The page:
3. the recommended service life limit of these STBs had originally been stated as 6,400 hours in SB 01.24. However, the latest revision of the Master Servicing Recommendations (MSR) 05.99.00, Note (2), states: "Service life limit for metallic parts only", while the rubber portions remain "on condition."

Service Letter (SL) 1122-62-92 (25/09/92) recommends the -109 STBs for the majority of operations, instead of the -156 STBs, to increase the mean time between failures (MTBF). However, most Canadian operators surveyed stated that they used the -156 STBs year-round because of the cost of having two sets of STBs available for each machine.

There seems to be a misconception among AS350 helicopter operators that the 6,400-hour life of an STB, as originally stated by the manufacturer, is for the whole bearing. The applicable MSR revision states that the 6,400-hour life is only for the metal portion of the bearing, while the rubber portions are "on condition." These bearings are to be inspected daily, usually during the "after last flight of the day" (ALF) inspection.

1.6.6 The AS350BA Maintenance Manual/Bulletins/Directives

The MSR, Section 05.21.00, states that the check after the last flight of the day (ALF) is conducted to determine whether the aircraft can be scheduled for the next day of flying. The ALF check can be conducted either by a pilot or an AME. If this check is carried out by a pilot, and any abnormalities are found, he/she must report this to the AME qualified on the aircraft type. A decision is then made to determine whether the flight should be continued while monitoring the condition, or the aircraft should be grounded until the defects have been rectified.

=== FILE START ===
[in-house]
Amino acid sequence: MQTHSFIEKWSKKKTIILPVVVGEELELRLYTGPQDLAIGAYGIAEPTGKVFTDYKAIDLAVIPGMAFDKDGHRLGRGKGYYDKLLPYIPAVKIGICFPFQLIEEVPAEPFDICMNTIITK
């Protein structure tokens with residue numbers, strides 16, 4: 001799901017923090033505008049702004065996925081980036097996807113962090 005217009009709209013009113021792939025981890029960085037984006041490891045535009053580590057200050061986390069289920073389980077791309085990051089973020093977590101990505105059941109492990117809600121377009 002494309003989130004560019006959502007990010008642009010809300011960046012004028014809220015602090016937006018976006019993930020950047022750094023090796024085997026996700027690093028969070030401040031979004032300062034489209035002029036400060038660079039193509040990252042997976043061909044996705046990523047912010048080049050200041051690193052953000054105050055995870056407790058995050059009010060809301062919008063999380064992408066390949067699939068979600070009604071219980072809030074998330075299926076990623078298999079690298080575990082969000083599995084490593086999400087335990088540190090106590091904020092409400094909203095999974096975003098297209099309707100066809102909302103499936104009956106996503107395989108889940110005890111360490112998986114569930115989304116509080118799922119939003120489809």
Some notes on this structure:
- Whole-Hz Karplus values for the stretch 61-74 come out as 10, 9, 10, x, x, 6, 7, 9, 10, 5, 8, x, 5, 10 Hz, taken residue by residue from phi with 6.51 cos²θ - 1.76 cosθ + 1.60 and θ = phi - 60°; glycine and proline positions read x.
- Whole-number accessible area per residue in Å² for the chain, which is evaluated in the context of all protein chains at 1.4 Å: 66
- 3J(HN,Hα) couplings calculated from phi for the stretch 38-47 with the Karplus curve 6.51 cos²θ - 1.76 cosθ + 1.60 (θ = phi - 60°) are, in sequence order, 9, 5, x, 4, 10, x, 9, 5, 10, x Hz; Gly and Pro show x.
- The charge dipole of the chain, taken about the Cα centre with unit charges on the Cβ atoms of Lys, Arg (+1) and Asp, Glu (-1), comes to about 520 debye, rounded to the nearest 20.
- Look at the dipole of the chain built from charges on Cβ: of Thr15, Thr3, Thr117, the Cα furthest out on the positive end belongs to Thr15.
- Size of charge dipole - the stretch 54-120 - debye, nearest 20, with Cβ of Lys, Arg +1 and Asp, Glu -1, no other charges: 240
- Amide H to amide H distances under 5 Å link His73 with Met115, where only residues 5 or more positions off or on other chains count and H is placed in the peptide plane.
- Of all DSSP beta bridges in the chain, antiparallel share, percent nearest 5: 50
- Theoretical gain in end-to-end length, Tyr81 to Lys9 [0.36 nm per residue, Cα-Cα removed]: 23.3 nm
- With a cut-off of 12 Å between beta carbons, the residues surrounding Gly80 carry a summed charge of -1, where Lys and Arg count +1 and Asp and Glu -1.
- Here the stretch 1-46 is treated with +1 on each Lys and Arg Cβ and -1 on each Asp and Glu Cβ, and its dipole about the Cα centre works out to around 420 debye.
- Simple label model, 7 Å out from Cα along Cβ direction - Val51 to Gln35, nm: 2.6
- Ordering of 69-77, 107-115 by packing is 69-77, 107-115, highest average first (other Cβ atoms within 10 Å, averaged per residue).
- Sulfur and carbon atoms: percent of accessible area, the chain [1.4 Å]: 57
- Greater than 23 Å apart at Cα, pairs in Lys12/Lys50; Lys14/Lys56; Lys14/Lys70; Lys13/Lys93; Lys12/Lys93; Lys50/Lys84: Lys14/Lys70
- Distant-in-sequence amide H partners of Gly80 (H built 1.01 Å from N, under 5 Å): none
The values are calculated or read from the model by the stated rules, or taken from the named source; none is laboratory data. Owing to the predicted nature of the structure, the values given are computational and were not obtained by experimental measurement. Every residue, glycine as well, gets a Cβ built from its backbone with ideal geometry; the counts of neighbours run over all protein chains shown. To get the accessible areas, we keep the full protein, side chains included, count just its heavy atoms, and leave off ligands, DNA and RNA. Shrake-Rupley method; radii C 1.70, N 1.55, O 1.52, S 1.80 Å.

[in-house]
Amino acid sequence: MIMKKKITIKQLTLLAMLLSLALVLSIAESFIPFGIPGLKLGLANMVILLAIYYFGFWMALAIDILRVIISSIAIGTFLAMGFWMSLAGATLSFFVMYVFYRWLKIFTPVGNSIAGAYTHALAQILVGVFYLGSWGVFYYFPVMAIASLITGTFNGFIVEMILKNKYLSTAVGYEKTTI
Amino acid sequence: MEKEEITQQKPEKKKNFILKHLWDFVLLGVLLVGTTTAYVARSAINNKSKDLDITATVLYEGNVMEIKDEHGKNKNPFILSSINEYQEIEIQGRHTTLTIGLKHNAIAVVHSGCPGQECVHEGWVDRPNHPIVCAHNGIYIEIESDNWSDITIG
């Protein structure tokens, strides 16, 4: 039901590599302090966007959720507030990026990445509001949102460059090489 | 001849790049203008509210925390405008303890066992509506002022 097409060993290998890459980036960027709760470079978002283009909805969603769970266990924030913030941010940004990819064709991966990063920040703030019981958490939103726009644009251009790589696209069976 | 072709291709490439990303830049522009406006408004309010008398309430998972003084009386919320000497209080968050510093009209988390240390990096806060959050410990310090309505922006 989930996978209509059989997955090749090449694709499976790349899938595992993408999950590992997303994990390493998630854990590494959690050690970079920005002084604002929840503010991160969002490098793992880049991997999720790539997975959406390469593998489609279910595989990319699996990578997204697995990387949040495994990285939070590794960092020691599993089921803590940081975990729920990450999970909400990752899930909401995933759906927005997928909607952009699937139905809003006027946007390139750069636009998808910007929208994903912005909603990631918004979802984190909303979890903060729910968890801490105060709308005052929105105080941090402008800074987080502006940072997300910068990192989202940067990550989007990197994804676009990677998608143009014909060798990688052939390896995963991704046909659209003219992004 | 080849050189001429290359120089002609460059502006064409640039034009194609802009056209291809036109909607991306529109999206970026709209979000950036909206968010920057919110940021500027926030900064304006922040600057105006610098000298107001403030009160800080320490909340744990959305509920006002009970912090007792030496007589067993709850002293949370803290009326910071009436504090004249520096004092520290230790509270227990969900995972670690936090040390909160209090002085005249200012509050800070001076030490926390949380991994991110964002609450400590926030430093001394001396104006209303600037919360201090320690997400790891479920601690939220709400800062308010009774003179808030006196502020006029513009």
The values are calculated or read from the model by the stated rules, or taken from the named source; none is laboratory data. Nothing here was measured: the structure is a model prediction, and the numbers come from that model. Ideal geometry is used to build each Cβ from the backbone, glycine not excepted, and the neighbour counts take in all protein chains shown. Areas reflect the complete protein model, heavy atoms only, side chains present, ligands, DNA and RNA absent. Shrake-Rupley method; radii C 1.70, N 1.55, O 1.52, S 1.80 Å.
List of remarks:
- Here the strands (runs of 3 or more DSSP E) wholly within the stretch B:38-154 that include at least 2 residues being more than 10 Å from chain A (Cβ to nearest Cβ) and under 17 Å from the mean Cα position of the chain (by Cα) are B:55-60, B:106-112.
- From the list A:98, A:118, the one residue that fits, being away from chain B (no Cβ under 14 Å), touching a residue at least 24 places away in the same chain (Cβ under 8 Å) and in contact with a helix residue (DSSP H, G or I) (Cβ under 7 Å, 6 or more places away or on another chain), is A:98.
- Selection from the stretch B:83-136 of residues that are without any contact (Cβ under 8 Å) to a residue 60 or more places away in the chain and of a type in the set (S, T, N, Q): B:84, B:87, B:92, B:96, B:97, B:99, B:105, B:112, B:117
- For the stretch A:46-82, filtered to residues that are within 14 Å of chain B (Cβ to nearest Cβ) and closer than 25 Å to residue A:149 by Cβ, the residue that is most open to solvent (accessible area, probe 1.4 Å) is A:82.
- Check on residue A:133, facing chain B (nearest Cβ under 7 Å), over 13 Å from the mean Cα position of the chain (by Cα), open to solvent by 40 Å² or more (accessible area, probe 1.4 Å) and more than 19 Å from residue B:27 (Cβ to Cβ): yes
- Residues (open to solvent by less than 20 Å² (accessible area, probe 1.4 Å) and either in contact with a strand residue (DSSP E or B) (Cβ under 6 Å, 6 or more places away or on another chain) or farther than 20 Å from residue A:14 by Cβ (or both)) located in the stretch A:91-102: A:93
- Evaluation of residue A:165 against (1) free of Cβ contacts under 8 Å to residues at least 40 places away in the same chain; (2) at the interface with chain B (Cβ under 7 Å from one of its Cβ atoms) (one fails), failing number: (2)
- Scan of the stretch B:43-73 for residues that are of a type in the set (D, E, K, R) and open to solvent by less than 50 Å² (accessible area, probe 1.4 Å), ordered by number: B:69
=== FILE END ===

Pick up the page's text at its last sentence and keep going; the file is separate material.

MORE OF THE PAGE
MSR Section 62.20.00.601 item (4) specifies the limits to be used when determining if the STB and frequency dampers are in an airworthy condition.

On 20 March 1992, Aerospatiale Helicopter Corporation issued an Urgent Fleet Telex to all AS350 & AS355 operators. The telex was a re-issue of Telex No. 10039, dated 20 March 1991, issued by Eurocopters, France. The heading of the telex is "Inspection of Main Rotor Head Spherical Thrust Bearings on AS350 and AS355 Helicopters." Paragraph (2) states:

Since the checks in the Flight Manual (section 4.3) do not contain inspection rejection criteria, if the pilot detects damage, a mechanic (or qualified personnel) must mandatorily inspect the rotor head prior to further flight using criteria found in the maintenance work cards.

Paragraph (3) states:

We draw your particular attention to sudden abnormal vibration levels which can be caused by degradation of spherical thrust bearings (ref. SBs and AWDs).

The extent to which the urgent fleet telex sent to the operator was circulated to company employees other than maintenance personnel was not determined.

1.6.7 The AS350BA Flight Manual

The approved AS350BA Flight Manual was on board the helicopter at the time of the accident.

Section 4.3 of this flight manual describes the following three daily operating checks to be carried out: